Dismiss Notice
Join Physics Forums Today!
The friendliest, high quality science and math community on the planet! Everyone who loves science is here!

Homework Help: Stationary points

  1. Feb 8, 2008 #1
    1. The problem statement, all variables and given/known data
    determine the stationary points of the function f(x,y) = (x^2 + 1/2(xy) + y^2)e^(x+y)


    2. Relevant equations



    3. The attempt at a solution
    first i got

    df/dx= (x^2+(1/2)xy+y^2)e^(x+y)+(2x+(1/2)y)e^(x+y)

    df/dy= (x^2+(1/2)xy+y^2)e^(x+y)+((1/2)x+2y)e^(x+y)

    i then let them both = 0

    and i get

    (x^2+2x+(1/2)xy+(1/2)y+y^2)=0

    and

    (x^2+(1/2)x+(1/2)xy+2y+y^2)=0

    i've tried different to solve them simultaniously and then sub back in. I've tried to factorise them which i think i should do but cant seem to get it could anyone give me some pointers please?
     
  2. jcsd
  3. Feb 8, 2008 #2

    EnumaElish

    User Avatar
    Science Advisor
    Homework Helper

    Using the quadratic formula you can solve df/dx = 0 as y [itex]\in[/itex] {1/4 (-1 - Sqrt[1 - 32 x - 16 x^2 - 8 xy]), 1/4 (-1 + Sqrt[1 - 32 x - 16 x^2 - 8 xy])}, then sub into df/dy = 0.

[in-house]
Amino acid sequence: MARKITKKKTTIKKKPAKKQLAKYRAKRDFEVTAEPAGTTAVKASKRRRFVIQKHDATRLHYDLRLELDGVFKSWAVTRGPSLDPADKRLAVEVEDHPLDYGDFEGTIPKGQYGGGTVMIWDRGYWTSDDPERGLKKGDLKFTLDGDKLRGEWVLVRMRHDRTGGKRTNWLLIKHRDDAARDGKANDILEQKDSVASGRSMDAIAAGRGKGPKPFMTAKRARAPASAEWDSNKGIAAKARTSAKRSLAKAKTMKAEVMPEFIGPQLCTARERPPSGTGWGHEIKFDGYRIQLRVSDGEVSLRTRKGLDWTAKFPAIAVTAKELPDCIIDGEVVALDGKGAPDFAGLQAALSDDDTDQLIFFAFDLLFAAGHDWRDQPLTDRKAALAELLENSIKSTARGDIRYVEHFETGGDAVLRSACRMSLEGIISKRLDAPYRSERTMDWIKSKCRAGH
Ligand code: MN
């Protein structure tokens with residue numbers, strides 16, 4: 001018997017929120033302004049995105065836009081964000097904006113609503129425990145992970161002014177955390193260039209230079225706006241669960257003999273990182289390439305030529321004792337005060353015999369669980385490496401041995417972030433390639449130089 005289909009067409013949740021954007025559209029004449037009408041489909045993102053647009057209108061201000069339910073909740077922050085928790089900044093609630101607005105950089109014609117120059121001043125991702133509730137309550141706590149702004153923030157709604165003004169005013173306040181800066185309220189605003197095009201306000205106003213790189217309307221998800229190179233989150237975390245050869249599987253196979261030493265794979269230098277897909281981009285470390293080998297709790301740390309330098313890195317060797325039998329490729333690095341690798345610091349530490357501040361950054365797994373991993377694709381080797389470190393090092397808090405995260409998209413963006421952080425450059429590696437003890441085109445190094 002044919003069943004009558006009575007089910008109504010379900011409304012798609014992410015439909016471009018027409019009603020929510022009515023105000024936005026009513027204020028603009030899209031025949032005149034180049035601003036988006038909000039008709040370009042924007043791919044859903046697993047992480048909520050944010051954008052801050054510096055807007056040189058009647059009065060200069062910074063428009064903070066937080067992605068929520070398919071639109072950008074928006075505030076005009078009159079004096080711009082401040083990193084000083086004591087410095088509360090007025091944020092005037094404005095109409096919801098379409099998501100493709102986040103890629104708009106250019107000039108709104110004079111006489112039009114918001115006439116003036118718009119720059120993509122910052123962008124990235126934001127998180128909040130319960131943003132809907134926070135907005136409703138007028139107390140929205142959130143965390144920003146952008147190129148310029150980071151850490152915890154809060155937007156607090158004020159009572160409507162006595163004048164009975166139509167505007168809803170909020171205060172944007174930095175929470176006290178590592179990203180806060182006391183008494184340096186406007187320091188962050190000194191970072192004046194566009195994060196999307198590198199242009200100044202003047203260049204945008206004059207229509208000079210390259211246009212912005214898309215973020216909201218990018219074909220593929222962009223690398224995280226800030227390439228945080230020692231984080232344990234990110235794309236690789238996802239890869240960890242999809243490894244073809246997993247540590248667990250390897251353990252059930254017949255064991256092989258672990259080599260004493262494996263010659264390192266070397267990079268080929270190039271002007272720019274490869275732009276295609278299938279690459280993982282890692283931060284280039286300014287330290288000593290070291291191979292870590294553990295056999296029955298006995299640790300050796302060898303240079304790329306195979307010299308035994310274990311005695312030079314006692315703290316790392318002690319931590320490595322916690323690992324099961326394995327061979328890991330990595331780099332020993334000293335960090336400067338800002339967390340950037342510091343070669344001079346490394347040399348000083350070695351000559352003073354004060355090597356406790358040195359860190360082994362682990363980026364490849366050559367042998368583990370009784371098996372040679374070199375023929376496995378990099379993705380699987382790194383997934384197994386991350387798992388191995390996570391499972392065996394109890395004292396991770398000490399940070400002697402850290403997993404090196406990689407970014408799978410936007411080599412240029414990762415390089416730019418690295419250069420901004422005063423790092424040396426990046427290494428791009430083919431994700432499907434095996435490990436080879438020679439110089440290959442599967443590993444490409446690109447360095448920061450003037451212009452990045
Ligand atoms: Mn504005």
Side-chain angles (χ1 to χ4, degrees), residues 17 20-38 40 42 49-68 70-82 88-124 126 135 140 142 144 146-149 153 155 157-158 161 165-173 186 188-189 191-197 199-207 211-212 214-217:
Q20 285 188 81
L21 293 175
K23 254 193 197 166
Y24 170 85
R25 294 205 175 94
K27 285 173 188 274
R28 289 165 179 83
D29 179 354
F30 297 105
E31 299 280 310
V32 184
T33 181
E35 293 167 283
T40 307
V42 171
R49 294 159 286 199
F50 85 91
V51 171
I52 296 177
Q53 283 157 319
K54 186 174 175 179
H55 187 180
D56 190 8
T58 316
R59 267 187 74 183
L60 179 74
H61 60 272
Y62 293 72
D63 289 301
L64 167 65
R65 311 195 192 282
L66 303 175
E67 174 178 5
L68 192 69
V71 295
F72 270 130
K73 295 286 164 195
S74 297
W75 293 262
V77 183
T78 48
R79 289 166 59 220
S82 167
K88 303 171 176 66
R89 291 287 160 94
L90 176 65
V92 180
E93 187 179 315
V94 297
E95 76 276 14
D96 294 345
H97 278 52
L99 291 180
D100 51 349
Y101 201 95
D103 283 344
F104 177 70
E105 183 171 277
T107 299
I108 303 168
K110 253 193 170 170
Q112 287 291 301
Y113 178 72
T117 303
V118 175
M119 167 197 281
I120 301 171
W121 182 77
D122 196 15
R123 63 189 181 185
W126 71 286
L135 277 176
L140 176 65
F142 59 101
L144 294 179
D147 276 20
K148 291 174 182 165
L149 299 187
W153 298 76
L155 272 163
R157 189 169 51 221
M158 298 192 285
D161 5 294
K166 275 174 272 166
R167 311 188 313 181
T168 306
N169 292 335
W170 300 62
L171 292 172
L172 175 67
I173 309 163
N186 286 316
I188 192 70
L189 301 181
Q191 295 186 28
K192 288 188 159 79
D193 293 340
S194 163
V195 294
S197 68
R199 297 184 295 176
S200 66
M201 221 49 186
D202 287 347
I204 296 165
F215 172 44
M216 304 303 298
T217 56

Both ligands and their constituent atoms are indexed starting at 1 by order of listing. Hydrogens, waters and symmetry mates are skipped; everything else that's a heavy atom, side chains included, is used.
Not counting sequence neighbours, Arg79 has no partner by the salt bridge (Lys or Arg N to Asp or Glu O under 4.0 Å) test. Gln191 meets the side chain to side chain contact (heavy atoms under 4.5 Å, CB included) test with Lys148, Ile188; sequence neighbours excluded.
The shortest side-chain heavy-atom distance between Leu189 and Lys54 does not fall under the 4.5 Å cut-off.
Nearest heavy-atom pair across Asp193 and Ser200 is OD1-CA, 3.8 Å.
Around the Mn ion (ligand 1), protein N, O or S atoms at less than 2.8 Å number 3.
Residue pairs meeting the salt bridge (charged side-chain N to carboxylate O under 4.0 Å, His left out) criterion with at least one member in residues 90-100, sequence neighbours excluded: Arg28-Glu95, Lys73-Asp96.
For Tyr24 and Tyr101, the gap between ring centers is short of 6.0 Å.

Last edited: Feb 8, 2008
  4. Feb 8, 2008 #3

    HallsofIvy

    User Avatar
    Science Advisor

    Subtracting the second from the first gives you (3/2)x- (3/2)y= 0 or y= x. Put that back into either equation (because of the symmetry) gives you [itex]x^2+ 2x+ (1/2)x^2+ (1/2)x+ x^2= (5/2)x^2+ (5/2)x= 0[/itex] or x(x+ 1)= 0.

     
  5. Feb 8, 2008 #4

    HallsofIvy

    User Avatar
    Science Advisor

    Subtracting the second from the first gives you (3/2)x- (3/2)y= 0 or y= x. Put that back into either equation (because of the symmetry) gives you [itex]x^2+ 2x+ (1/2)x^2+ (1/2)x+ x^2= (5/2)x^2+ (5/2)x= 0 or x(x+ 1)= 0[/itex].

     
Share this great discussion with others via Reddit, Google+, Twitter, or Facebook